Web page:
Learning together: Shepherd offers free online Lifelong Learning courses to the community
SHEPHERDSTOWN — Shepherd University’s physical closure for the 2019-2020 school year, while necessary to slow the spread of COVID-19, left its Lifelong Learning program without meeting spaces for in-person classes. Then, after Governor Jim Justice’s Stay at Home Order took effect on Tuesday night, the possibility of holding a traditional Lifelong Learning season became impossible, as the order banned the gathering of groups of people for nonessential services.
However, according to Lifelong Learning instructor Sheila Vertino, the courses are far from nonessential for many attendees.
“I think it’s a way to stay fresh and to stay energized and intellectually stimulated. And, also, there is the element of social interaction,” Vertino said.
When the instructors and staff members involved in the Lifelong Learning program realized at a group meeting a few weeks ago that the pandemic could lead to the school being closed, Vertino said many of them disliked the idea of completely canceling the semester. Thanks to many of the program’s instructors being current or former Shepherd University professors, they suggested the program consider using the university’s distance learning technology, the ZOOM software platform.
“It is virtual, but you’ll be able to have interactions with people who you can see live. You get to see these other people live and have these conversations. That’s a really important thing right now, to have that intellectual and emotional connection,” Vertino said, mentioning students and instructors alike are being walked through the use of the platform with the help of Steve Ayraud, who usually acts as the classroom assistant coordinator.
While the group’s trips will have to be put on hold, due to the Stay at Home Order, a number of the previously advertised courses for the spring semester will be offered via ZOOM. And, because the platform does not have a small limit to the number of people who can attend a class, the Lifelong Learning program has decided to make its courses available to the public for free.
“People who are curious about the Lifelong Learning experience can try it out for free, this one time,” Vertino said. “We thought it would be a nice good-will gesture to offer this to be available to the community.”
Some of the classes have already held their first meeting, but as the meetings will be held weekly for eight weeks, Vertino said new attendees are more than welcome to join any of the classes being offered this semester. The start dates and course detrails are listed below.
March 24: 8:30-10 a.m., Cafe Society discussion about contemporary social and political issues with Mike Austin and Jim Bowen.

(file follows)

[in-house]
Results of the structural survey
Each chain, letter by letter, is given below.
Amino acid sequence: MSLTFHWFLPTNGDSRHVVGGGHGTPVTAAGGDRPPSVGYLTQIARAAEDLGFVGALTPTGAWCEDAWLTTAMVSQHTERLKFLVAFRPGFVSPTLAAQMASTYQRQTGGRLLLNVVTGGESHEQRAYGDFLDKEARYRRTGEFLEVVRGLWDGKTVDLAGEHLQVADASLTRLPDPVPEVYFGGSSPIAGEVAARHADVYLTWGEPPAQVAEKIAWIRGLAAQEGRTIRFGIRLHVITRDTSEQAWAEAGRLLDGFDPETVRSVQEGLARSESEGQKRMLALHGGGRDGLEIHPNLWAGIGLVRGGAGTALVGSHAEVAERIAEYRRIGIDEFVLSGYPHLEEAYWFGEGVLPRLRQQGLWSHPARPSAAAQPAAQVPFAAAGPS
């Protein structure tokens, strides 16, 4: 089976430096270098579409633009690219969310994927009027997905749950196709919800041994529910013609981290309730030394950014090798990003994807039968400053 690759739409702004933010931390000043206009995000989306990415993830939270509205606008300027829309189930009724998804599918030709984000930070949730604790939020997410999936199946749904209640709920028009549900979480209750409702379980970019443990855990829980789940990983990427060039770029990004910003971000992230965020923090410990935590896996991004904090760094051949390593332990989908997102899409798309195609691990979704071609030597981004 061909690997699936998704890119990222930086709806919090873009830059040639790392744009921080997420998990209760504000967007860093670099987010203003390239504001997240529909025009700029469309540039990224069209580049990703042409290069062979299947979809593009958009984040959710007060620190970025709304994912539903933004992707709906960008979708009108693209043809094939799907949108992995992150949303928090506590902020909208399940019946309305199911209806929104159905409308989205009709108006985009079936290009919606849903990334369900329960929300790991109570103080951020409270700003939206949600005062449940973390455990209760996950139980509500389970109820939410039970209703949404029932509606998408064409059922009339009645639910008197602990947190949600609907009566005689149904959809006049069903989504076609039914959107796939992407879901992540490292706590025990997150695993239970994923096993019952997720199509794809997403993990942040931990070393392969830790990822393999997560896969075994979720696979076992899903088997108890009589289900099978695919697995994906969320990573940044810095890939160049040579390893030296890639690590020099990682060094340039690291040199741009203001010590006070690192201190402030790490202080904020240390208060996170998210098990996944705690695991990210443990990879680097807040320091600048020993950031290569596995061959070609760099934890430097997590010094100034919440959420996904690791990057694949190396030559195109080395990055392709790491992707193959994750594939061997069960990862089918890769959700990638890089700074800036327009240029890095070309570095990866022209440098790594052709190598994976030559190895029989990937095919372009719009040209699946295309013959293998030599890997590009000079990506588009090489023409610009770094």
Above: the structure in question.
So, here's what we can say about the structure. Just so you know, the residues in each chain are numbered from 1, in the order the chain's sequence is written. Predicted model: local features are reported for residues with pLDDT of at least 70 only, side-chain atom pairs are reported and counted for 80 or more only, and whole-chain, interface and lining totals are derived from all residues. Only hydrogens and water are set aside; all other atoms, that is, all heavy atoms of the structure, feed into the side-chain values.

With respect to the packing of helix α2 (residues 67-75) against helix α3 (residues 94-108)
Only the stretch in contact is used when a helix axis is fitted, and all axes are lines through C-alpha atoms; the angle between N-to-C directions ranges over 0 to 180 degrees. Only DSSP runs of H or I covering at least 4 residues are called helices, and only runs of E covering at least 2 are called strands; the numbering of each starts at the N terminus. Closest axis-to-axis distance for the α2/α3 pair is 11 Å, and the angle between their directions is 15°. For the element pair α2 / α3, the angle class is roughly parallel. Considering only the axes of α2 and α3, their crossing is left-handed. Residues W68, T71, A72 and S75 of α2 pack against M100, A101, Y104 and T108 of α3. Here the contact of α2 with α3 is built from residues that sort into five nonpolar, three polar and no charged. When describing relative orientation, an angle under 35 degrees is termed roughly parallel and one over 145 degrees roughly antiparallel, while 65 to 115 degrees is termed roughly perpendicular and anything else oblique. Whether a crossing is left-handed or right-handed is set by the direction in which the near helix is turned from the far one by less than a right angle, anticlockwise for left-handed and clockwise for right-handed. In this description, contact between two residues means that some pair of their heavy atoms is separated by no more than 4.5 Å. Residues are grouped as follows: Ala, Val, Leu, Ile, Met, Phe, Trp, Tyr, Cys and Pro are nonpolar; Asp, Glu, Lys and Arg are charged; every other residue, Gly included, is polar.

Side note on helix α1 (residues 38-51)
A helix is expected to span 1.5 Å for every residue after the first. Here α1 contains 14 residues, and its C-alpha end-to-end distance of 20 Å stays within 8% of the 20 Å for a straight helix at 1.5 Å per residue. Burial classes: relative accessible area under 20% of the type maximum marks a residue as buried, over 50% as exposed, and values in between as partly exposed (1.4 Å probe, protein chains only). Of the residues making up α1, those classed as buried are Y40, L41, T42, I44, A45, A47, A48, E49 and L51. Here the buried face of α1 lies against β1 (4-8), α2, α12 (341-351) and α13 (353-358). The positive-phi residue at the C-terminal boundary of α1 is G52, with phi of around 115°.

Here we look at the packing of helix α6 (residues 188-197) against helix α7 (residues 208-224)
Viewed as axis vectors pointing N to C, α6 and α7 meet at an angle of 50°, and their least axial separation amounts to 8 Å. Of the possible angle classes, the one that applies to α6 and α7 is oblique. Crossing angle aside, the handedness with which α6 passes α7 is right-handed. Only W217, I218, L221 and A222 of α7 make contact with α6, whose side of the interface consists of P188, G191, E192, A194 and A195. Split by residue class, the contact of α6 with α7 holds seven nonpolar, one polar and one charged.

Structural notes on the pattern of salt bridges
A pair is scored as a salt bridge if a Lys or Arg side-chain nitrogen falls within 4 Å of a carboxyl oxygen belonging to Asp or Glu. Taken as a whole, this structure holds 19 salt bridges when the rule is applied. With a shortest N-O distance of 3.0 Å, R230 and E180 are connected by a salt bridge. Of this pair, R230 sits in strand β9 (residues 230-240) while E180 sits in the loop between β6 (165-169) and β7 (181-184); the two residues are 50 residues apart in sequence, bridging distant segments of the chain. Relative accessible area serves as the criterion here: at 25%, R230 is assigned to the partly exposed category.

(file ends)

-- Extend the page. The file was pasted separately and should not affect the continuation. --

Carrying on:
March 25: 3:30-5 p.m., Election 2020 with Daniel Bennett.
March 26: 11:30 a.m.-1 p.m., Current International Issues Discussion Group with Fred Turco.
April 1: 8:30-10 a.m., Jesus (and Paul) Before Christianity, Part 2 with Randy Tremba, who will examine the scriptural foundations of the original “Jesus Movement” and see how it went awry; 10:15-11:45 a.m. Psychology for Today with Dr. Marty Amerikaner, who will offer insights into protecting mental health during the COVID-19 crisis; 1:45-3:15 p.m., Encounters with the Constitution with Raymond Smock, who will take a broad look at the story of the U.S. Constitution from its drafting in 1787 to the impeachment of President Trump; and 3:30-5 p.m., Short Stories and Poetry: Genres of Focus for the Head and Heart with Roger Bernstein offering a discussion of masterful stories and lyric poems and exploring what is working to convey powerful moments of insight into human experience.
April 2: 9-10:30 a.m., 21st Century Wonders in Science and Technology with Steve Bartlett offering an overview of current topics exploring different areas of modern technological and scientific research and their impact on our everyday world, such as artificial intelligence, black holes, stem cells, and dark matter.
April 16: 3:30-5 p.m., Six Significant Union Strikes with John Case hosting a discussion of six labor strikes that illustrate key historical and social turning points in U.S. economic and labor history, some for good, some for ill, with plenty of references for the challenges of today.
For more information, contact Lifelong Learning Director Karen Rice at email@example.com. To keep up with other courses that may be offered, visit the Lifelong Learning Facebook page.